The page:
Types of Audience

There seem to be two types of audience when dealing with fiction that may not necessarily be to their liking or "fit" with their interpretation. One staunchly resists it, refusing to accept or just plain getting angry. The other tries to consolidate what happened into the universe, offering conjectures and theories, none of which have much basis in the story and are mostly based on circular reasoning (only true if you're thinking it's true as you're reading it). I count myself in this latter category, and is probably a reason why I like fan fiction so much.

For example, in Buffy the vampire slayer, there's a lot of controversy over how slayers get selected. There can be only one every generation, but there appears to be hundreds of 'potentials' floating around, that get called when one dies. Much head-explodiness occurs. Lots of questions here - who 'calls' potential slayers? How are they chosen? Is it every generation or is there always a slayer? What happens at the end of the series when all the slayers are called? Some people get angry that these questions aren't answered. Others try and justify it either using evidence from the series (light as it be) or just saying "character mistake". (Note: This isn't like Rinoa = Ultimecia, where people are trying to shove something in that doesn't belong there. In that case, there's no unanswered questions and no unsatisfyied promises. This just people trying to shove something into an already full bucket).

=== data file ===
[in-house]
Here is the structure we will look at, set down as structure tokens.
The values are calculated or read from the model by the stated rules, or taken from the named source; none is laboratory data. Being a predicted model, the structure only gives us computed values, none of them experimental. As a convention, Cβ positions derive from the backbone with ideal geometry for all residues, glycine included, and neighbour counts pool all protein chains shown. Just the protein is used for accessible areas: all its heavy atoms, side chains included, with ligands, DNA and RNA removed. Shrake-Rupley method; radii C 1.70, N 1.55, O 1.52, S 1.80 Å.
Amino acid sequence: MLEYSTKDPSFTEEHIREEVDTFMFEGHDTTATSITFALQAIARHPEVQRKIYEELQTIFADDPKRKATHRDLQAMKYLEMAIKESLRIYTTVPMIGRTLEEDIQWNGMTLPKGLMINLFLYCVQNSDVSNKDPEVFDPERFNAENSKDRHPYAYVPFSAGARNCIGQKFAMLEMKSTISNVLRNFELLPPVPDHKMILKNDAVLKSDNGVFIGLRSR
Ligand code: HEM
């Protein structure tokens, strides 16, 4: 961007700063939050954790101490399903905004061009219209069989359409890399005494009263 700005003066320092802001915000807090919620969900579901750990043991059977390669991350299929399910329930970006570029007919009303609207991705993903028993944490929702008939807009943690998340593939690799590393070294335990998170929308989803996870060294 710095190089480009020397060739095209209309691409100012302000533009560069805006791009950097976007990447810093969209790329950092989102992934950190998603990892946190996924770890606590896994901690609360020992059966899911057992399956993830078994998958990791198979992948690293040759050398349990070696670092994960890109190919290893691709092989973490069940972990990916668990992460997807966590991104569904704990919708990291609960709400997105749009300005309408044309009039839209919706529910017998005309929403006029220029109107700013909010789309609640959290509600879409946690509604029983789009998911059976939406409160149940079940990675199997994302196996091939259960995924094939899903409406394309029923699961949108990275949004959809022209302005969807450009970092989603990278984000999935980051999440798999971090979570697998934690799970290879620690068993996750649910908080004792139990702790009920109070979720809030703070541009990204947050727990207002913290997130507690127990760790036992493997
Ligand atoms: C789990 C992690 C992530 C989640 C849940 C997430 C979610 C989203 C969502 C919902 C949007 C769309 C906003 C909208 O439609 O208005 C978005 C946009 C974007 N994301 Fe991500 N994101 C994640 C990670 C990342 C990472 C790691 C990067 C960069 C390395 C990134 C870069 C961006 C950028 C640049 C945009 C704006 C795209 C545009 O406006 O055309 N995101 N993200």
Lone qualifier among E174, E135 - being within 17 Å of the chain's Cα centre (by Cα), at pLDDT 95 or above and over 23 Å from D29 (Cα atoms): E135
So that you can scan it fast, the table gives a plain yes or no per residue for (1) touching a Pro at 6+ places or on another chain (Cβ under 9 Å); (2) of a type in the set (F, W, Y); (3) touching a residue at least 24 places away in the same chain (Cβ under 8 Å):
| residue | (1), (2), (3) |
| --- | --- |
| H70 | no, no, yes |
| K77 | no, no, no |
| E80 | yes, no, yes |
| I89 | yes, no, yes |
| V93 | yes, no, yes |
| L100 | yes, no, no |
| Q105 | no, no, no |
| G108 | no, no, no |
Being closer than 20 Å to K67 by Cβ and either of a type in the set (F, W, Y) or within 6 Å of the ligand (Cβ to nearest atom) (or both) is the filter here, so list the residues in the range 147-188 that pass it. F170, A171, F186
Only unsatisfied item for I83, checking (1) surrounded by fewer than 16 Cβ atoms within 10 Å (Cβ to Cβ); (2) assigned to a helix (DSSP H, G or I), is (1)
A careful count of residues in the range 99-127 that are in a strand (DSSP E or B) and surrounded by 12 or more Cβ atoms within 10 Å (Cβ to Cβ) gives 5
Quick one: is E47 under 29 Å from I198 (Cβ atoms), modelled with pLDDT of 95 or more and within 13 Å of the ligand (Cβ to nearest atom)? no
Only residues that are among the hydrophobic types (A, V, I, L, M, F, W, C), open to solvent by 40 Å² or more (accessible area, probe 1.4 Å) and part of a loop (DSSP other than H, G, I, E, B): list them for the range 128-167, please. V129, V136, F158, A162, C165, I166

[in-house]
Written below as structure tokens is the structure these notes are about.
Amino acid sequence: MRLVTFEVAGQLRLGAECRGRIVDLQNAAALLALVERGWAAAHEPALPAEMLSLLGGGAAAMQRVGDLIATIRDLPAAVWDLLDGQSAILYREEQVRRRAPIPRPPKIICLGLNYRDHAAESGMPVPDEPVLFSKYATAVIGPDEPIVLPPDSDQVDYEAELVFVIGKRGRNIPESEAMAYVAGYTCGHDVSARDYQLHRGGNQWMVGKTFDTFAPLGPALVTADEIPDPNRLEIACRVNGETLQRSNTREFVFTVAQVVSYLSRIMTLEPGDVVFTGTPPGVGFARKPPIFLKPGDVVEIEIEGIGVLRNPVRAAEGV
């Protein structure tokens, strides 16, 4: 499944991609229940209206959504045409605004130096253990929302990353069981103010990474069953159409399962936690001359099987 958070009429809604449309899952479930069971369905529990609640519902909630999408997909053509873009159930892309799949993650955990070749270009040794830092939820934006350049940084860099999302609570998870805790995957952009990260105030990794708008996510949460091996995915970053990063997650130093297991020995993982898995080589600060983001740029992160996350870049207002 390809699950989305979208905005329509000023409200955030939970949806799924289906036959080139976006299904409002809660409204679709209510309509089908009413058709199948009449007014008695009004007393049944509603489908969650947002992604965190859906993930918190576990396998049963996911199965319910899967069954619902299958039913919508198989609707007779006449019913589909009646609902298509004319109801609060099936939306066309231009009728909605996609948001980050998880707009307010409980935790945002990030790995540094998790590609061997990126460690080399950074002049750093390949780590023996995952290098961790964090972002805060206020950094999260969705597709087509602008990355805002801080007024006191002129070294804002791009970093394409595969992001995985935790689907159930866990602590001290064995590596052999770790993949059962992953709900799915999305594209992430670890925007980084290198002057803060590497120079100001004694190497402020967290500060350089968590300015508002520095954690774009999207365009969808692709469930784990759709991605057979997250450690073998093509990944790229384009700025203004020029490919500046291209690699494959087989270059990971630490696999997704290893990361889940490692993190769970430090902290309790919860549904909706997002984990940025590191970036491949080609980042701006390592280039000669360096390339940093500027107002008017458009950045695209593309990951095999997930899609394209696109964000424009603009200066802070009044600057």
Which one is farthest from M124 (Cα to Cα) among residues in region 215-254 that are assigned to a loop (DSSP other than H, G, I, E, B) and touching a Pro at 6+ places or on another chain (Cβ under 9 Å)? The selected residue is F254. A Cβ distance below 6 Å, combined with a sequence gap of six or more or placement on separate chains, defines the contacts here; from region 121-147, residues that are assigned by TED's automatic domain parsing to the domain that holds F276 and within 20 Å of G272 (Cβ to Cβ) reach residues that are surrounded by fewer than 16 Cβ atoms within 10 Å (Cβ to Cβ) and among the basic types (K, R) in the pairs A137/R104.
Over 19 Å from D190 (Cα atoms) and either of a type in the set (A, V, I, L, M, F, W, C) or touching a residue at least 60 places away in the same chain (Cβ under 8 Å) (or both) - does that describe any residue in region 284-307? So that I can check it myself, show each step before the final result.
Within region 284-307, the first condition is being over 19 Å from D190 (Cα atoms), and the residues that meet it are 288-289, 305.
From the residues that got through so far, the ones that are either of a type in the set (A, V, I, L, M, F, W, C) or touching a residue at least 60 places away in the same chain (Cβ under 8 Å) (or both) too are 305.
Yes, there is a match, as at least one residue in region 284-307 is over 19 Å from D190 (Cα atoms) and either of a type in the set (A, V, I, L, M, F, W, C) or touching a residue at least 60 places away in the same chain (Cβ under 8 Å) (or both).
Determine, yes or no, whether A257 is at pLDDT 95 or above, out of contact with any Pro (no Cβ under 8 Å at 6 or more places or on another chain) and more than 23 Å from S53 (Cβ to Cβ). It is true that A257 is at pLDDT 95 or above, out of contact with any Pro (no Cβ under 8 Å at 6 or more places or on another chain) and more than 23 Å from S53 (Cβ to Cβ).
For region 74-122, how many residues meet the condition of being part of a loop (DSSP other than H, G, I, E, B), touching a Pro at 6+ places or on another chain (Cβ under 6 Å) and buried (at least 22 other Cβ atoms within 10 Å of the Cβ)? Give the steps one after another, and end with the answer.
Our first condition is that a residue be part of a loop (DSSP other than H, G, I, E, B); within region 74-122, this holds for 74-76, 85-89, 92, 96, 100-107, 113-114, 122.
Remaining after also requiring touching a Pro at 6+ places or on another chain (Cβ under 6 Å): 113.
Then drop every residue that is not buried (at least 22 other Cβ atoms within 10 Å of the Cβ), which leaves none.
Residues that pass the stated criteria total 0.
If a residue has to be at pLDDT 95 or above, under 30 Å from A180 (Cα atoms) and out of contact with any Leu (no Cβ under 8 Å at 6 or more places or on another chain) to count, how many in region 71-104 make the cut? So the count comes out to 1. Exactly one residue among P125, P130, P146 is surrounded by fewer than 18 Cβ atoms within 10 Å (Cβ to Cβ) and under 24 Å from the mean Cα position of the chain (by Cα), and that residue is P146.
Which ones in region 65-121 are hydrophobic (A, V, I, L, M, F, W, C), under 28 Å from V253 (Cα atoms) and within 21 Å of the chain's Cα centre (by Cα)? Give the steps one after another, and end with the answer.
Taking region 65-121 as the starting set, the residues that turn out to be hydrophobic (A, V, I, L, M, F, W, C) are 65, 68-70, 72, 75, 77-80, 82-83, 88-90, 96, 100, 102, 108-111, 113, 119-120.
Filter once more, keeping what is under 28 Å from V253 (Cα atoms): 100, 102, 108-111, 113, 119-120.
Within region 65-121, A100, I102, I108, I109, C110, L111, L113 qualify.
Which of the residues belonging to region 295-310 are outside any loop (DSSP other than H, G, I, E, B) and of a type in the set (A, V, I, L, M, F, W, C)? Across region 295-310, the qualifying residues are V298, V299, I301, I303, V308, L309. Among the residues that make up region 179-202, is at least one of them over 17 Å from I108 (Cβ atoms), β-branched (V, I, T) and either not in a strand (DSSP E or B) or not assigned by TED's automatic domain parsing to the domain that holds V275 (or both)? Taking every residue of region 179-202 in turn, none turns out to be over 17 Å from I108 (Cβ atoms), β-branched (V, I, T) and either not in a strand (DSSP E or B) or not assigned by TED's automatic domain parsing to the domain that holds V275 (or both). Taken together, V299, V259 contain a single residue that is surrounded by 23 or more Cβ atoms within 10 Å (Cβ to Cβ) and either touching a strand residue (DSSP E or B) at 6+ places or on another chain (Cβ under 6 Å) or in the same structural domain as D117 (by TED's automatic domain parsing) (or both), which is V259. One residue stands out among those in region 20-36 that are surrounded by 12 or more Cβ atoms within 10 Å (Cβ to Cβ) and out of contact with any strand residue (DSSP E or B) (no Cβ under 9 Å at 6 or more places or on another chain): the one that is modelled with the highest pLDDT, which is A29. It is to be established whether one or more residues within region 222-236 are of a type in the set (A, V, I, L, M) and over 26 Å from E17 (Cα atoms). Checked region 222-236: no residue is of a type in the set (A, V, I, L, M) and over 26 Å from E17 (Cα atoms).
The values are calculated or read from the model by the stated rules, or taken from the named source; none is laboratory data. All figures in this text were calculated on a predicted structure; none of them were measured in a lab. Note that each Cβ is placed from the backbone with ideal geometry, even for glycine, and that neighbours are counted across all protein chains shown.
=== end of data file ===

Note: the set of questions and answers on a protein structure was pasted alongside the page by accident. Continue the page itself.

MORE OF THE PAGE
In the Dark Tower, there's controversy over the fact that a leading villain throughout the books is killed quickly and easily by a new character. And then that new character, the son of the hero and prophecied to kill him, rarely appears at all throughout the rest of the book, and is killed quickly and easily by the hero when the confrontation occurs. But people who supported this attributed it to the leading villain's waning powers and gave the son more credibility quickly. Other pre-existing material was ignored or retconned. Family members change names frequently. Plotlines were unfinished. And characters weren't used as they were foreshadowed to. Some interpreted this as just part of the story, saying that not all prophecies were fulfilled. Some were angry that questions they expected to be answered and fleshed-out were not.

As a reader I side with having all promised questions answered. As a writer, I can understand the difficulty of keeping them all straight through a seven book series spanning twenty-two years. Especially a writer like King who writes so organically that sprouts and buds grow too fast to be trimmed. I think it's important to write everything that needs to be written down, and it's bad writer karma to include things that aren't going to be expanded on. We have no idea what happened to Roland's friends at Jericho Hill, or why it happened, and that's the answer I was most looking forward to, but didn't get. But I don't get mad, I just believe that the story didn't call for that plotline to expanded, and there was no place for it in the main story. So I guess my advice to you is don't write checks your ass can't cash.

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